Diagram here, text below
Other centres, e.g., coughing, respiratory, etc., all of which may be secondarily disturbed by message to vomiting centre from gastric sensory nerve, a.
This instability or over-sensitiveness of the nerve-centres in infancy is no doubt to some extent a safeguard to the individual, for when reason and experience and self-control are wanting, there must be need of other agencies to give the alarm.
First, then, there is in an epileptic fit a loss of consciousness, of self-control, a convulsion in which almost every muscle in the body takes part; secondly, there follows profound nervous exhaustion. To these two phases must be added a third, and for our purpose a most important one, namely, the interval of days or weeks between the attacks, during which we must suppose there is a gradual building up of the explosive matter in the nerve-centres, and a weakening of their stability.
During the paroxysm we can do nothing remedial; but it is in the intervals that we can do everything. The aim of treatment is to reduce the explosive character of the matter in the "centres," or, what comes to the same thing, to increase their resistance to the explosive tendency. This in the case of epilepsy consists in the administration of drugs which, in some quite unexplained manner, have the power of increasing the stability of the nerve-cells. Other things help, of course; the moral, intellectual, and corporal functions must all be regulated and not over-stimulated; and we find we can in this way ward off the attacks and prevent their recurrence. One other point of the greatest moment, and which is frequently overlooked, is the importance of preventing every single attack, for each recurrence renders a subsequent one much more likely to take place.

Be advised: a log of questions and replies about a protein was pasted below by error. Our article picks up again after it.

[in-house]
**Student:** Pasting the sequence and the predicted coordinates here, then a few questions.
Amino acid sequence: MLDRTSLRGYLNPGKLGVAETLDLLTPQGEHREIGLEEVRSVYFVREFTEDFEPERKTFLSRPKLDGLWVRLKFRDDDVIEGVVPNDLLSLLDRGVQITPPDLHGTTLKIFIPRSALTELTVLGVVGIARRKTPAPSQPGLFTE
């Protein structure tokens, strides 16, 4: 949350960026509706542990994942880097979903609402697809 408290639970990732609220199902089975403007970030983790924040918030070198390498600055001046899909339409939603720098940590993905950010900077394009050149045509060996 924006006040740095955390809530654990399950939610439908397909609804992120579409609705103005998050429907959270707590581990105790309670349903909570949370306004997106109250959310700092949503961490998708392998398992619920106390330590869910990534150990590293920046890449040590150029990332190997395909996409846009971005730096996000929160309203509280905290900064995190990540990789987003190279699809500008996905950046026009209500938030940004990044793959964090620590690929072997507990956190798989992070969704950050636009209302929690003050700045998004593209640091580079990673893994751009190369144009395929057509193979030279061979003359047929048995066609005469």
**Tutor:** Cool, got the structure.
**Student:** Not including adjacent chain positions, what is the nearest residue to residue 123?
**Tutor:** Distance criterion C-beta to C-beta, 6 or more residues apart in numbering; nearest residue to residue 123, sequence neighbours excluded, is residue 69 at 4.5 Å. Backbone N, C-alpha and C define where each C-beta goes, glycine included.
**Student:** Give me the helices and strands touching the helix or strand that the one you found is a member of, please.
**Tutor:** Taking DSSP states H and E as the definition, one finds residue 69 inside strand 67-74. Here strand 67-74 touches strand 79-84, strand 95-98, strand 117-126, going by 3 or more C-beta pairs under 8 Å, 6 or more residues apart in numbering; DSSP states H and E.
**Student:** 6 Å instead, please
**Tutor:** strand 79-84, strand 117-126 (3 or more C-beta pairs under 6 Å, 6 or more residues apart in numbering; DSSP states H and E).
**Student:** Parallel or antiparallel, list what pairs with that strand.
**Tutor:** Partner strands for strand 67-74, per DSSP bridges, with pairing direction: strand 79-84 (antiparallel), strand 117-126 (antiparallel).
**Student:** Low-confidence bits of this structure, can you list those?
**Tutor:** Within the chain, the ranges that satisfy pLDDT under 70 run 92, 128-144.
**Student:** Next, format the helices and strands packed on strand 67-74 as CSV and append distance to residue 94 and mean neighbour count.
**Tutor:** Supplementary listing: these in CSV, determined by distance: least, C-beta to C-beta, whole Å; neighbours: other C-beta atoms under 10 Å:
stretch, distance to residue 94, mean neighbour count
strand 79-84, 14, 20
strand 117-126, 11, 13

Now I am not insisting on these things in order that any mother who has the misfortune to be brought into contact with an epileptic may think she knows all about it, but to point a moral and illustrate methods of management which every mother should be ready to undertake with regard to the care of passionate or nervous children.